As market participants were just getting their sea legs back after the start of the year, it was hit by a one-two punch of ideas that BOJ policy was turning less accommodative and that Chinese officials were wary of adding to their Treasury holdings. Then late yesterday, a news wire reported that Canada suspected the US was going to withdraw from NAFTA.
Today, however, the markets have stabilized. First, in today's operations, the BOJ maintained its purchases of short- and medium-term bonds today. This helped ease some fears and the 10-year benchmark yield slipped back. In our view, the purchases of fewer bonds by the BOJ was evident last year and is a consequence of the shift to "yield curve control" by targeting the 10-year yield rather than the quantity of purchases.
Second, China's State Administration of Foreign Exchange (SAFE) pushed back against yesterday's news wire report about its wariness to buy Treasuries. The official suggested that "wrong sources" were used, and went on to say that China's demand for Treasuries depends on market forces. That is exactly our point. China is not homogeneous even if it is a one-party state. There are natural difference of views and interests. For example, the PBOC often seems more open to market reforms than say the Commerce Ministry. From the news wire account, that some many other reporters and observers took at face value there was no way of telling how representative the view was or the gravitas of the officials cited.
Also, our point is that if China wants to rebuild its reserves, like it has for the past 11 months after drawing them down by $1 trillion, it must buy foreign assets by definition. It can change the allocation of its reserves, of course, by this is not done by whim and there are many considerations, including alternatives. Some argue that China is trapped in Treasuries. That is not our point. China only faces the dilemma because it insists on amassing stock pile of reserves, in part because of its reluctance to embrace to fully embrace the best practices as defined by the G20 of letting market forces drive exchange rates.
Amid this concern about the shift in BOJ policy and China's appetite for Treasuries, the reception to yesterday's $20 bln US Treasuries was unexpectedly strong. The backing up of yields (2.579%) saw the bid-cover rise to 2.69, the highest since mid-2016. Indirect bidders (which includes asset managers) took down 71.4% of the new supply, the most since August 2016. This means the primary dealers absorbed a little more than a fifth, the least since March 2017. The US 10-year yield, which approached 2.60% yesterday is now back to 2.53%, down a couple of basis points today.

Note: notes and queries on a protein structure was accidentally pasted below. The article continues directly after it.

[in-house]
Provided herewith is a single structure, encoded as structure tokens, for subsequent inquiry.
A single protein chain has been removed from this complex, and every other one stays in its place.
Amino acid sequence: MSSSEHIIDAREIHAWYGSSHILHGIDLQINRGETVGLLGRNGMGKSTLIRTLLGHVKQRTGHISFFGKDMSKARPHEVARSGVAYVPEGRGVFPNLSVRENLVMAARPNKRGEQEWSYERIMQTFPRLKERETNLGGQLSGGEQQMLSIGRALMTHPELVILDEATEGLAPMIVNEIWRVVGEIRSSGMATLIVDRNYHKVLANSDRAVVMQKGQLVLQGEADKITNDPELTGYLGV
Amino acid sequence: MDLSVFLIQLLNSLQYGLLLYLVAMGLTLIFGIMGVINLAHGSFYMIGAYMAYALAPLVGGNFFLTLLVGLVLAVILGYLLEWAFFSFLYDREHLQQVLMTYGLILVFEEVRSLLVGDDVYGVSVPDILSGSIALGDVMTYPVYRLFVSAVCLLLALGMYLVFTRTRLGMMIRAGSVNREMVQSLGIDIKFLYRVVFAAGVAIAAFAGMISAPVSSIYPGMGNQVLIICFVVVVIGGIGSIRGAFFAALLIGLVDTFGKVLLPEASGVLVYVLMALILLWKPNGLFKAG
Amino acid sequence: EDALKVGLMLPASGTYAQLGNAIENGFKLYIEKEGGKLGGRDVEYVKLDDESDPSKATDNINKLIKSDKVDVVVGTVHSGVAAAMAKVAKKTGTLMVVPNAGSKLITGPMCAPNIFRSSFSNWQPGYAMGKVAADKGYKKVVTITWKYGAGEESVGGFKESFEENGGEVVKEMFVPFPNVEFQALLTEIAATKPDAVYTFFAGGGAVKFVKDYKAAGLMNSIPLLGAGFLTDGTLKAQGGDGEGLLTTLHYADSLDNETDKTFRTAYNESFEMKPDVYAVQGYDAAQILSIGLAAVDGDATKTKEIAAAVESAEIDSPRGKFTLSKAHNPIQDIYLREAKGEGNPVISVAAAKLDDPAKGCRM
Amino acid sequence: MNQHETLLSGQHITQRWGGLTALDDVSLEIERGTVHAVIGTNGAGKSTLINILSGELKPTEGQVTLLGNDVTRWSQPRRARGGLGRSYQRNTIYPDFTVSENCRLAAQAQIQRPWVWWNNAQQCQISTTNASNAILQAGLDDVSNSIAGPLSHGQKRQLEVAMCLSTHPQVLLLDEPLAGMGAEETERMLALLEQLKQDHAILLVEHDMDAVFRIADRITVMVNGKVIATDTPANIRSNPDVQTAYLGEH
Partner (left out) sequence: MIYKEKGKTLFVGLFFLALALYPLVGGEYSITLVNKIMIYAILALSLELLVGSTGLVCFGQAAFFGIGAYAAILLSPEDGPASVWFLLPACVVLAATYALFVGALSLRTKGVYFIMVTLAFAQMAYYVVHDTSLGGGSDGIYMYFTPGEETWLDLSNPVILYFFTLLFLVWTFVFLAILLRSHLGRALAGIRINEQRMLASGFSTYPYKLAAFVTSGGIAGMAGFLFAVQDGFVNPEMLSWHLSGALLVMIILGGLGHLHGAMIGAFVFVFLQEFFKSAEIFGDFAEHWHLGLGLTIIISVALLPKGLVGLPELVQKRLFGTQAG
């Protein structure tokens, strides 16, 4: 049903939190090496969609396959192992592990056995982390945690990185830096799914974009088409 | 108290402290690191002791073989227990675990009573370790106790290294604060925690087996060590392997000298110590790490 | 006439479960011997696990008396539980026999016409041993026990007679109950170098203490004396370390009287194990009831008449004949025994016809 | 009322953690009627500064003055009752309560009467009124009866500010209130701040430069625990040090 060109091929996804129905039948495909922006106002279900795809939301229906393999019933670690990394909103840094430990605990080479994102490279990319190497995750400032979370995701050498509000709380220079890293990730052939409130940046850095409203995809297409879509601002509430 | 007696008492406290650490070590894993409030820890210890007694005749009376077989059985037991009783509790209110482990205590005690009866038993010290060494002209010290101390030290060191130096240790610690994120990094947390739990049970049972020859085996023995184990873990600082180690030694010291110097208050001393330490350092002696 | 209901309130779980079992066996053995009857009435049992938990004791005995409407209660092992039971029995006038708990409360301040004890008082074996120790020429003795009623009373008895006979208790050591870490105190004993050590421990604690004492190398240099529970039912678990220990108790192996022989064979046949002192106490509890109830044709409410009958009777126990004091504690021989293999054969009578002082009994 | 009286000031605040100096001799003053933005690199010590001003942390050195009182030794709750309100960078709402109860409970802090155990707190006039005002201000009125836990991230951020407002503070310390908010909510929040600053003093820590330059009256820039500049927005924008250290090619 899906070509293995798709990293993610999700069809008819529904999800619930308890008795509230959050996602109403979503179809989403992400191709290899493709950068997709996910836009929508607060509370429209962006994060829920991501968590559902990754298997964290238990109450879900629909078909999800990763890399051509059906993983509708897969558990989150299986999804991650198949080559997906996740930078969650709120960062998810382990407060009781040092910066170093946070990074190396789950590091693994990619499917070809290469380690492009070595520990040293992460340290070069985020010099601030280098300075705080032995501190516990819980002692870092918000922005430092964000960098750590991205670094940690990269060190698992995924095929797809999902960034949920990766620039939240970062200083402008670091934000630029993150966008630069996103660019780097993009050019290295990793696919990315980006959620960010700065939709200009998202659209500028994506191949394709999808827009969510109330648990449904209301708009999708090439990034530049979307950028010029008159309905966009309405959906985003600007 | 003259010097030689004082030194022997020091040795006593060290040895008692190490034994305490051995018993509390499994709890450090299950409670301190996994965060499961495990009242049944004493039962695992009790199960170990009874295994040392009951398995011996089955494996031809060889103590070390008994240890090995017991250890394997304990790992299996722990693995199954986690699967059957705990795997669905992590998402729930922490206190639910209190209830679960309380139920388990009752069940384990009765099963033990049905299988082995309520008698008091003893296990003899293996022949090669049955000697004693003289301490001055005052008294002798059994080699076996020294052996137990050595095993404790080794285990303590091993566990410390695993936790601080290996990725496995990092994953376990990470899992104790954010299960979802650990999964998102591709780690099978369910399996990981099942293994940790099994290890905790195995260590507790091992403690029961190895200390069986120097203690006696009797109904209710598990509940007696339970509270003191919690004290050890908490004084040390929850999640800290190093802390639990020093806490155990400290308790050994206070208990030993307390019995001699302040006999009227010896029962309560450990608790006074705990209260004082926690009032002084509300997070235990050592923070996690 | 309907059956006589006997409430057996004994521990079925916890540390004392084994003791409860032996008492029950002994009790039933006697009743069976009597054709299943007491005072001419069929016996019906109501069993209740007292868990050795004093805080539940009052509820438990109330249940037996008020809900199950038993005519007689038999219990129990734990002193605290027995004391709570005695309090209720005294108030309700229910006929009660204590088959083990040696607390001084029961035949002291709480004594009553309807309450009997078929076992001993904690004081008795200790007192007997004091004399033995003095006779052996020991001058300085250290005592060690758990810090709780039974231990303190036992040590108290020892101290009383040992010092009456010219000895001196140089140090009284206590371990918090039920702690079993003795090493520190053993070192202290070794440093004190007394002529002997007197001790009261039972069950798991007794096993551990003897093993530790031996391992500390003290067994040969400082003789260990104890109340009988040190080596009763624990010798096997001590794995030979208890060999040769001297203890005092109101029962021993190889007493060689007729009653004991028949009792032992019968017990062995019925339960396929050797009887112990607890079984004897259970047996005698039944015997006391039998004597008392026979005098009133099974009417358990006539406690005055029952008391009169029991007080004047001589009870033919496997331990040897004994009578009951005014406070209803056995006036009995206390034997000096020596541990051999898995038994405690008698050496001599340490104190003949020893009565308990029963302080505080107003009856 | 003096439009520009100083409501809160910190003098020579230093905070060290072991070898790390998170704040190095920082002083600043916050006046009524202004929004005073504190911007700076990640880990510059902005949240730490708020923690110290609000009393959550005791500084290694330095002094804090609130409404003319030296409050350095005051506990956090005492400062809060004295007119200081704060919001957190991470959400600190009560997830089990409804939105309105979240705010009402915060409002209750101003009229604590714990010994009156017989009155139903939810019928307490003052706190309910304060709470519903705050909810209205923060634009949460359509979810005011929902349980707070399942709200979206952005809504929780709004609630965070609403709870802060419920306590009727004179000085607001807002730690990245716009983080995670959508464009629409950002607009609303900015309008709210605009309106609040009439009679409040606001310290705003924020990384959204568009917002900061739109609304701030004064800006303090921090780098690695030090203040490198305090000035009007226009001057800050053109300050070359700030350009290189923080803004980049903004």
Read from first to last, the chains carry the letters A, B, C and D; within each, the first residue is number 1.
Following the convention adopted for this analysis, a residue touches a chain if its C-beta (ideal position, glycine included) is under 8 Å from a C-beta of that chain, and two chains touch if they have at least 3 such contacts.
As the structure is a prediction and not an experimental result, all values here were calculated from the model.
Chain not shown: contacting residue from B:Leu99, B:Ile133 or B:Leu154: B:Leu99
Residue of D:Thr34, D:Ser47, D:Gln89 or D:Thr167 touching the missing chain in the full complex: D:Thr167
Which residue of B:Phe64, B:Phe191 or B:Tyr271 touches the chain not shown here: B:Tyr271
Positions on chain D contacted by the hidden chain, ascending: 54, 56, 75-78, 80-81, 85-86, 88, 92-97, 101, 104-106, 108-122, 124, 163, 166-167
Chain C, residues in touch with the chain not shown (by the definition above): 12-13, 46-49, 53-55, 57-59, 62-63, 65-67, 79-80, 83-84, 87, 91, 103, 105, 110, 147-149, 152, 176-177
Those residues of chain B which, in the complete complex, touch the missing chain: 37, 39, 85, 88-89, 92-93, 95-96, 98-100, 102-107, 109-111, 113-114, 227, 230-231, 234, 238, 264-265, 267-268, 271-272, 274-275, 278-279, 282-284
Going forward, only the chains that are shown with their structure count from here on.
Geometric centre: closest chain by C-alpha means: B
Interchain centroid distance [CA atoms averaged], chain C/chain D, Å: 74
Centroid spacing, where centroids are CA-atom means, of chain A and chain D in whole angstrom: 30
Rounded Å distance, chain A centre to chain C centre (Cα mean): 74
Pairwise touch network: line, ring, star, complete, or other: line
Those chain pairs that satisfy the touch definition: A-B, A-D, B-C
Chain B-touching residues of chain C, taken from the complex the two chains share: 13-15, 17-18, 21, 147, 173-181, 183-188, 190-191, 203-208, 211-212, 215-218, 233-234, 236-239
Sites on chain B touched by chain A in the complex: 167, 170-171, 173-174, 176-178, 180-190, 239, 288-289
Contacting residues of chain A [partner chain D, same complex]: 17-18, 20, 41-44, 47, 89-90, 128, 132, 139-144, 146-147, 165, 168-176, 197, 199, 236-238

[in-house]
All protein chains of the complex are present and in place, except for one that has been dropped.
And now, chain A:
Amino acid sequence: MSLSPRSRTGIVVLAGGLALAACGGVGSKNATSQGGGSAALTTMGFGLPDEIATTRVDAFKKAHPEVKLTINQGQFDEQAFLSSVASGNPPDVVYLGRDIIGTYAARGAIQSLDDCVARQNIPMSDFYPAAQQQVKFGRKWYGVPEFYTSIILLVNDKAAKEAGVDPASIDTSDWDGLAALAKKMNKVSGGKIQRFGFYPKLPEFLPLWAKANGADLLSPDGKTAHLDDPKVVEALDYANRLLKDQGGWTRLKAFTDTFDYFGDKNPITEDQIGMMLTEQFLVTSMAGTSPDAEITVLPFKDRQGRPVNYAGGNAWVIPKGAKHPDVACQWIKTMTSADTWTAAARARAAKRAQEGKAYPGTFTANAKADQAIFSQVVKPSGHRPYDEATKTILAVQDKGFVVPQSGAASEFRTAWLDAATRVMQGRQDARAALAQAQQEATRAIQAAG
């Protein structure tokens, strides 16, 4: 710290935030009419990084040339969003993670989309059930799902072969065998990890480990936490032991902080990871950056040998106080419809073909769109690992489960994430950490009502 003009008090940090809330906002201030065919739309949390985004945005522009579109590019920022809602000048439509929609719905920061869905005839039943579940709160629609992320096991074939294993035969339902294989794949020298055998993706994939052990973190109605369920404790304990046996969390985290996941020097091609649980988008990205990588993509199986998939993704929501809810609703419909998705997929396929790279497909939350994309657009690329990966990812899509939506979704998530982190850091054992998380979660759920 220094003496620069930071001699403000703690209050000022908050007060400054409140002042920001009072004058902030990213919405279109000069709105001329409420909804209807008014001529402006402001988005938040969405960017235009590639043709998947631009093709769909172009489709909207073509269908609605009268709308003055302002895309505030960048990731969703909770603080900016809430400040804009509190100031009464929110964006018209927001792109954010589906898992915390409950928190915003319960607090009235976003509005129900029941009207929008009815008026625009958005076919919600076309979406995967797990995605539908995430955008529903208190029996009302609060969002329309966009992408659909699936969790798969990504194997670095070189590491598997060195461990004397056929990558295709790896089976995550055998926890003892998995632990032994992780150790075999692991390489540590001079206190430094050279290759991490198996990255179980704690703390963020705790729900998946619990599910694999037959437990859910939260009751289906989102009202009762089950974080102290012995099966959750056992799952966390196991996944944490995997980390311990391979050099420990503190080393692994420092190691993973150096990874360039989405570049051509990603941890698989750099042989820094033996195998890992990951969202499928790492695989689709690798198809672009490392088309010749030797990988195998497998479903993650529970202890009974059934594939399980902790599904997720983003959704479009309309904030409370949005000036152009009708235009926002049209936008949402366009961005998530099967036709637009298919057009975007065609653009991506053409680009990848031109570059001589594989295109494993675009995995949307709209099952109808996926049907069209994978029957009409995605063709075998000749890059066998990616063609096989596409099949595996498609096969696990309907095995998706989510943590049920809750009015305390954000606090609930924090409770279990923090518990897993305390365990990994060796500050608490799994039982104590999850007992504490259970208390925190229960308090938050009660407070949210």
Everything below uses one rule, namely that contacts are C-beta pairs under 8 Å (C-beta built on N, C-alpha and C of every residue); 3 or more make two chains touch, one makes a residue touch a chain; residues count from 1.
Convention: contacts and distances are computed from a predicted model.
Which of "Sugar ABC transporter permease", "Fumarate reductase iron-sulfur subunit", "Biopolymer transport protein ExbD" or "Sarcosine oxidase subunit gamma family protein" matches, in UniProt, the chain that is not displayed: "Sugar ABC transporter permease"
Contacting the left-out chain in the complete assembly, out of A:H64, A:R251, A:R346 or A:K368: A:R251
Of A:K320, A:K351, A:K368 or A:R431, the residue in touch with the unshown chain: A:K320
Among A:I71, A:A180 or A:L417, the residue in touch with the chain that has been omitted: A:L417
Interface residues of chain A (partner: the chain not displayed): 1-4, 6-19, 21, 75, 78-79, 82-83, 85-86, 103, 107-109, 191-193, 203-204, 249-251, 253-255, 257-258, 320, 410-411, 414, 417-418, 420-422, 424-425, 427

The White House says that the US position on NAFTA has not changed. While that sounds encouraging, the status quo may not have been particularly encouraging. The US has made substantive demands like curtailing the dispute resolution mechanism, and a sunset clause (that would end the treaty in five years unless the three parties explicitly endorse it) that some suspect is a poison pill. There is a negotiating round this month and next. Whatever low hanging fruit there might be, it is often picked at the start of the negotiations to show early success and create a good atmosphere of cooperation. The tougher issues come last.
The Canadian dollar is near yesterday's lows. The US dollar has been trending lower since mid-December. The market anticipates the Bank of Canada to hike rates next week. However, even before yesterday, the US dollar began correcting higher. The CAD1.2570 area corresponds to some highs from last week and the 38.2% retracement of this last leg down. The 50% retracement is near CAD!.2640, which also is near the 20-day moving average (~CAD1.2630). The Mexican peso is little changed.
The Australian dollar is the best performing major currency today. It is up 0.4% and making new three-month highs. The driver was a sharp 1.2% jump in November retail sales, which was three-times more than economists expected. It is the strongest four and a half years. Household goods rose 4.5%, and these were fueled by a 9.3% rise in electrical and electronic products, which could prove to be one-off. The Australian dollar has approached a key (61.8%) retracement of the drop from mid-September. It is found near $0.7885.
The euro returned to where it was yesterday before the Chinese story broke. The euro continues to hold the 20-day moving average (now ~$1.1925). It takes a break of the $1.19 area, and probably $1.1865 to signal a proper correction as opposed to the consolidation. There is a 660 mln euro option struck at $1.20 that expires today. Another 2.0 bln euros expire with the same strike tomorrow. In contrast, sterling's support near $1.35 is fraying.
Sterling has slipped through last week's low briefly yesterday on the back of the disappointing trade figures, but snapped back on the broader dollar weakness. It has pushed a little lower today (~$1.3475), but the break is not clean or convincing yet.
The dollar reached a low near JPY11.25 yesterday. It has stabilized, but so far, the recovery is unimpressive. It has been up to almost JPY111.90 and we suspect that will not be the high of the day. The JPY112.10 area corresponds with a minimum retracement of this week's slide and JPY112.35 is the 50% retracement and roughly the five-day moving average. There do not appear to be important option expiry today, but tomorrow there is $1.2 bln dollar on a JPY11.75 strike that expires.
The US reports PPI and weekly jobless claims. These reports do not draw the interest as tomorrow's CPI and retail sales will. Near the close of the markets, NY Fed President Dudley speak on the outlook for the US economy. The market remains fairly confident of a March rate hike (~82%).
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